The Relationship Between The Philosophy Of Plato And The Psychology Of Freud.

1571 words - 6 pages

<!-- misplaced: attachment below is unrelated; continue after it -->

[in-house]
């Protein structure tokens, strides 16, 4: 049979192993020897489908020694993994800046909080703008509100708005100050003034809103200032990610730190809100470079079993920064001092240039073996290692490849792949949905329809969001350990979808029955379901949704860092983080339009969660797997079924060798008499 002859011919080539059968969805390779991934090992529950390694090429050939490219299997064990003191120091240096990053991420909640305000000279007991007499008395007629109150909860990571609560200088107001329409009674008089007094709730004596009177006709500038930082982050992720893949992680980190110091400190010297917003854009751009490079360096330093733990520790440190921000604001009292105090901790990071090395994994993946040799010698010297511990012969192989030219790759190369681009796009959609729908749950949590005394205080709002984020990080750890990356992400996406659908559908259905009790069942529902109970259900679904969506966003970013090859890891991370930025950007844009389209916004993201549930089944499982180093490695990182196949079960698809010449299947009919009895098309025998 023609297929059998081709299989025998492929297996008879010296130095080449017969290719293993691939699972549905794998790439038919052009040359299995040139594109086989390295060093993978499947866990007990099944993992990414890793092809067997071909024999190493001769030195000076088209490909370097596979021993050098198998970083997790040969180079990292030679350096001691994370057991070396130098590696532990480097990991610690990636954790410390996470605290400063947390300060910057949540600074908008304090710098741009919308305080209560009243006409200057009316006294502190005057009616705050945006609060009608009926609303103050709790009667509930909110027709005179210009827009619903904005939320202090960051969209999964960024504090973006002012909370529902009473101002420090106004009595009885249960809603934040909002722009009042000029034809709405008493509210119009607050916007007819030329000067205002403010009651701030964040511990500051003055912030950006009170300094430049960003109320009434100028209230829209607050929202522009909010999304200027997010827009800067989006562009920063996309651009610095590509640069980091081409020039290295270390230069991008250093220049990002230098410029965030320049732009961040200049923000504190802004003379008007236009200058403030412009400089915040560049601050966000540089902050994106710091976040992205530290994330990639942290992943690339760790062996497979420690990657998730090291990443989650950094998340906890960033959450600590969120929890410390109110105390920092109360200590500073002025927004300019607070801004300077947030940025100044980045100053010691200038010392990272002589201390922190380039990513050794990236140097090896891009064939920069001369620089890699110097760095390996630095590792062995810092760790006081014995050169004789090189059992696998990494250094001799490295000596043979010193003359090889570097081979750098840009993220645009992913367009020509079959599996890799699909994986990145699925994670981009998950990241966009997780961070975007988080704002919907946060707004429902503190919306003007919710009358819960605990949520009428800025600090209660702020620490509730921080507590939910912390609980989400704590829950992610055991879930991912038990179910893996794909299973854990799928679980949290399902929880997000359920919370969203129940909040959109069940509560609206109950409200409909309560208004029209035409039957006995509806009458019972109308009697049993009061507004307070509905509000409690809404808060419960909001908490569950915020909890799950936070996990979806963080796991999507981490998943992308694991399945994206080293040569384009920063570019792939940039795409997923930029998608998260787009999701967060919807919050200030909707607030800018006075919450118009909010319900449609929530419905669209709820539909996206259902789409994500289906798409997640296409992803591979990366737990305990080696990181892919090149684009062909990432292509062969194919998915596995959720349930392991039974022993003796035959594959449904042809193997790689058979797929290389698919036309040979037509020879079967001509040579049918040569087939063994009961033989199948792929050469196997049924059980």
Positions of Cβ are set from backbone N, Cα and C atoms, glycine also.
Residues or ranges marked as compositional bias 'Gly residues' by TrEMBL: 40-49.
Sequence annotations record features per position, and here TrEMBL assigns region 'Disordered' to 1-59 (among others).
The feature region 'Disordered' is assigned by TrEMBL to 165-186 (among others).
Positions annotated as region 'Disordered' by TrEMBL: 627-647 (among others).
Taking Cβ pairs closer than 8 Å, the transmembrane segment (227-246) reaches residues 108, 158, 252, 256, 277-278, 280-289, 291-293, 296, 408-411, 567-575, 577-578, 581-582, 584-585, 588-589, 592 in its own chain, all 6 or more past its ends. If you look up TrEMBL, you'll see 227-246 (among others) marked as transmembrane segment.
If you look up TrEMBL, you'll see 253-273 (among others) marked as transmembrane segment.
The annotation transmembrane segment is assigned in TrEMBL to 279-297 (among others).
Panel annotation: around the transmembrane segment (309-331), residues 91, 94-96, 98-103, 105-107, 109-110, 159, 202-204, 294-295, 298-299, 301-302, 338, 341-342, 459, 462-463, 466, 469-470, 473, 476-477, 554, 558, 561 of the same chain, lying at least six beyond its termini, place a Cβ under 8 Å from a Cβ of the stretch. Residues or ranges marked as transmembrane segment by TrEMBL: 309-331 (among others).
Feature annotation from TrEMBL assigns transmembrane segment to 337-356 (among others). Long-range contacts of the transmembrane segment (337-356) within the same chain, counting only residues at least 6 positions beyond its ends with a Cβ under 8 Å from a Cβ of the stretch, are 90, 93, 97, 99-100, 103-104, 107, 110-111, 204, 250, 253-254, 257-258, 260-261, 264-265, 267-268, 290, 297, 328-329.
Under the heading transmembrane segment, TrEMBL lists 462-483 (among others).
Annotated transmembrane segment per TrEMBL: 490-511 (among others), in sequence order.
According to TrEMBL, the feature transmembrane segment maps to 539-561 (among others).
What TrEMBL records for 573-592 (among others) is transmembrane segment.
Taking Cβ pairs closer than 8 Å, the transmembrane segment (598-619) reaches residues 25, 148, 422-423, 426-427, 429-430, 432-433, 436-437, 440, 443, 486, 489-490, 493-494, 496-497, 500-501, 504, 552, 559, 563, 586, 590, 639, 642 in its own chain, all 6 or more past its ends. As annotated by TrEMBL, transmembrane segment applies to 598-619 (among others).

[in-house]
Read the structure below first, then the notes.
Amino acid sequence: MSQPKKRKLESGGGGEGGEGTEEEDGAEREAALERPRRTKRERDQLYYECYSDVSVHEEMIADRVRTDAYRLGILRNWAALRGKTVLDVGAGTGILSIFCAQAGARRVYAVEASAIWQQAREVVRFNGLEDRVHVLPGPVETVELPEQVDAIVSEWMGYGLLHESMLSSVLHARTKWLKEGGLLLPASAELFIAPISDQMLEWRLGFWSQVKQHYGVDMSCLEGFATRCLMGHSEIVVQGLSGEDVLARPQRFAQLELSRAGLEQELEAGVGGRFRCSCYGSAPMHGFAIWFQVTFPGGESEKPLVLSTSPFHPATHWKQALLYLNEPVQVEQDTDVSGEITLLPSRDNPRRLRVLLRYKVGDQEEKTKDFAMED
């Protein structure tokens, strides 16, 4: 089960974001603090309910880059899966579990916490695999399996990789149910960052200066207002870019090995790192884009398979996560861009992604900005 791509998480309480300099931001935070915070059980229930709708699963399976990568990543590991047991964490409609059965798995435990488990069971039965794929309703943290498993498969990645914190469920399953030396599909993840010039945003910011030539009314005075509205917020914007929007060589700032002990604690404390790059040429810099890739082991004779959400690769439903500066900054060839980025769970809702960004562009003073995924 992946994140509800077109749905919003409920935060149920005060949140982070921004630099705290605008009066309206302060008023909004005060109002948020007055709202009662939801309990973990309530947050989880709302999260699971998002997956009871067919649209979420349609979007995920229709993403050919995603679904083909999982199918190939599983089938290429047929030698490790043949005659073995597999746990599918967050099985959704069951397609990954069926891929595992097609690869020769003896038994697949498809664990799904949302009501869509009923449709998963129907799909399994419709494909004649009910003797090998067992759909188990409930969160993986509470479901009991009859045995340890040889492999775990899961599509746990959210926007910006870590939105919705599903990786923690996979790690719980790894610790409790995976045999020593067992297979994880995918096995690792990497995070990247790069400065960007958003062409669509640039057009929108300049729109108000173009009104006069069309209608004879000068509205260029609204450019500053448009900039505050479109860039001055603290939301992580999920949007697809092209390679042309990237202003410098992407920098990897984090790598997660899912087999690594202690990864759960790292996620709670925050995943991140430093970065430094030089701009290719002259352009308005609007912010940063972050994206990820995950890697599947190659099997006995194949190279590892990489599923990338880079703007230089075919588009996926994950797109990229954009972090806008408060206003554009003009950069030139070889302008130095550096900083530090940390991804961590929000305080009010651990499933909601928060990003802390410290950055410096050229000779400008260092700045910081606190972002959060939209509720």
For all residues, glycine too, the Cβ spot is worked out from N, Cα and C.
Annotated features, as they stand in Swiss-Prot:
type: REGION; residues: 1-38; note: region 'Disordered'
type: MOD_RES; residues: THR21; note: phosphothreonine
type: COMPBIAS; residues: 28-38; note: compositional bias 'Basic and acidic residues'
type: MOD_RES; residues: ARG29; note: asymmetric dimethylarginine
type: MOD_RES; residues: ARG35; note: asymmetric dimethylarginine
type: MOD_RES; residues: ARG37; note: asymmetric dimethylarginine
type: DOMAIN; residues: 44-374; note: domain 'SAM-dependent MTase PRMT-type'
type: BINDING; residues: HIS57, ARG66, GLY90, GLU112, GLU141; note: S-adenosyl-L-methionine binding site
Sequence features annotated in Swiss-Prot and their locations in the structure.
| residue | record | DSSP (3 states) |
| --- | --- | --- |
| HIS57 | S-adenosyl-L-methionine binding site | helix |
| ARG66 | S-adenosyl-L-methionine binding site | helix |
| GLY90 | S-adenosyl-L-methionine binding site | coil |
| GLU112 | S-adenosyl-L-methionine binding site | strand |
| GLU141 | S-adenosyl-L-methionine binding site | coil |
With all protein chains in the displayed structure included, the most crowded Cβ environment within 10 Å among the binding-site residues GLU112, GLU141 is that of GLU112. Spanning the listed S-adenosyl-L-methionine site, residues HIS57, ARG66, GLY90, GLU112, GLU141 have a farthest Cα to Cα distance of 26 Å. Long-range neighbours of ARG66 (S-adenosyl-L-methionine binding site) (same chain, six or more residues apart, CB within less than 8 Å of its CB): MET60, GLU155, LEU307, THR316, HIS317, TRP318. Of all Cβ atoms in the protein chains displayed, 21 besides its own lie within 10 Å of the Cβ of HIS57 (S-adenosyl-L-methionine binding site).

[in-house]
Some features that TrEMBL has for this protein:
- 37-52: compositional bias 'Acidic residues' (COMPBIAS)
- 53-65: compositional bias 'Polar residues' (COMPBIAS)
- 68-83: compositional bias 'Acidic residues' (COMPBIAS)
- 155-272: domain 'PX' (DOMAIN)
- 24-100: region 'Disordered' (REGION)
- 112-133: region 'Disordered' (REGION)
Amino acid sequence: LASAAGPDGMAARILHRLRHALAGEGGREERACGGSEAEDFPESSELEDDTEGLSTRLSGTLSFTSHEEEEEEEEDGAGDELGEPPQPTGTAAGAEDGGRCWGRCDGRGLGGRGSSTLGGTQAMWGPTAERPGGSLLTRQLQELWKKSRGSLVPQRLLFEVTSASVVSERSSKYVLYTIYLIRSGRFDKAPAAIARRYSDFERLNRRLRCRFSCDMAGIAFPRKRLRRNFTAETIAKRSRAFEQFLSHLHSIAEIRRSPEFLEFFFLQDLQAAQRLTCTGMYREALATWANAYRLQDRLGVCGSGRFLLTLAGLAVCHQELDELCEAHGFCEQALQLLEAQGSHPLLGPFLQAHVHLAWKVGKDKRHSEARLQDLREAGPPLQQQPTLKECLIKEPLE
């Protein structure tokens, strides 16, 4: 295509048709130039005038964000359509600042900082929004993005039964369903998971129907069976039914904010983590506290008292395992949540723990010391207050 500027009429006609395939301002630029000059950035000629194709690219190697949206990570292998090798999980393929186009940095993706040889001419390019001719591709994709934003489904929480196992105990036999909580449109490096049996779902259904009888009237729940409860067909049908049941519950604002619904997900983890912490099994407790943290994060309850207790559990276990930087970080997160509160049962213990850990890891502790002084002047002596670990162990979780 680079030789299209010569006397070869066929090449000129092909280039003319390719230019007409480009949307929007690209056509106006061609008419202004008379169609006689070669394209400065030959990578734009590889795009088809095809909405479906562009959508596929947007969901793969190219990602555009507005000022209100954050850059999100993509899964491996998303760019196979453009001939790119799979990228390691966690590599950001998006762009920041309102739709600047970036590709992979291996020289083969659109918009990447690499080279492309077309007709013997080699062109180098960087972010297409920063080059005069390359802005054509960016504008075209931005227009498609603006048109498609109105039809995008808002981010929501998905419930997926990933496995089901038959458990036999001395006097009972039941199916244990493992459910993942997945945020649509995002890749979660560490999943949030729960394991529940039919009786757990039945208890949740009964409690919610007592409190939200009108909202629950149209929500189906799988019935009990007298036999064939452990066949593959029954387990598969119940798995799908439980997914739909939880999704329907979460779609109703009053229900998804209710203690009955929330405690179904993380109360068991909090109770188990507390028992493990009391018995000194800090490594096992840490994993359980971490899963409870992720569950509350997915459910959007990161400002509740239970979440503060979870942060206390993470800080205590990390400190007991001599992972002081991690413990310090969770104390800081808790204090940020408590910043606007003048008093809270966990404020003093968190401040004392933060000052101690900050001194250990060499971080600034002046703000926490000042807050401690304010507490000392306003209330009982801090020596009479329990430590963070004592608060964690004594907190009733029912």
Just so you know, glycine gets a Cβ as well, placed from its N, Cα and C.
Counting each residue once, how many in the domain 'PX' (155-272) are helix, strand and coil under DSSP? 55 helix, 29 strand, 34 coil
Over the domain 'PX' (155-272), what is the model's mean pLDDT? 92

Plato and FreudPlato and Freud, two very influential and intellectual people of their own respective societies, have formed opinions about the mind and the soul and how it is constructed to work hand in hand. According to Plato, all individuals possess instinctive knowledge that tells us about the things we experience in our world. Plato's view suggests that one must resurrect the knowledge that is already imbedded in the brain when we were born. The Republic may be a fairly utopian vision; however it does not seem particularly optimistic about its chances of being realized. This is because one must elevate themselves to the high order of illumination which few are able to attain, therefore making it hard to be realized. Freud was a biological scientist, more interested in the working of individual psychology than in group dynamics. In Freud's pieces his goal is to increase (even if only slightly) individual freedom. To do this, Freud believes, we have to give human beings a better sense of how they function psychologically, and excellent points can be derived by the interpretation of one's dreams. There's a sense that if we are to establish civilized life properly, then the first thing we must attend to is the individual's sense of his or her own psychological and therefore moral makeup and in this respect, Plato and Freud are very alike.Although centuries apart, Plato and Freud witnessed the same break up of societies and the collapse of apparently stable social units which had functioned to organize people's sense of themselves for several generations. In this we can almost assume a rapport between the philosophy of Plato and the psychology of Freud, in that both attempt to educate intrapersonally to a different degree. In the excerpt from The Interpretation of Dreams, Freud attempts to isolate an individual's dream and analyze how their dream correlates to reality. "The second part of Freud's book offers a sample interpretation of one of his own dreams concerning injections given to a patient named Irma....." (Jacobus, 328) In this part of Freud's book the "specimen dream", one of his own endeavors to explain the nature of a dream, he rationalizes his frustrations in his inability to cure Irma. One of Freud's more important discoveries is that emotions buried in the unconscious seem to surface during dreaming, and that the remembered fragments of dreams can help uncover buried feelings. This breakthrough is a pure example of how an individual strives to understand meaning and interpretation of oneself and in this can help others with issues, thus contributing to the whole of society, a main goal of both Freud and Plato.The Platonic view is not astray from Freud's in that they both consider intrapersonality (an intelligence of Gardner's) as a key to understanding the psychology of the mind. Plato seeks to internalize our sense of ourselves, by offering an image of the psyche as a conflict between the different levels and by stressing that a...

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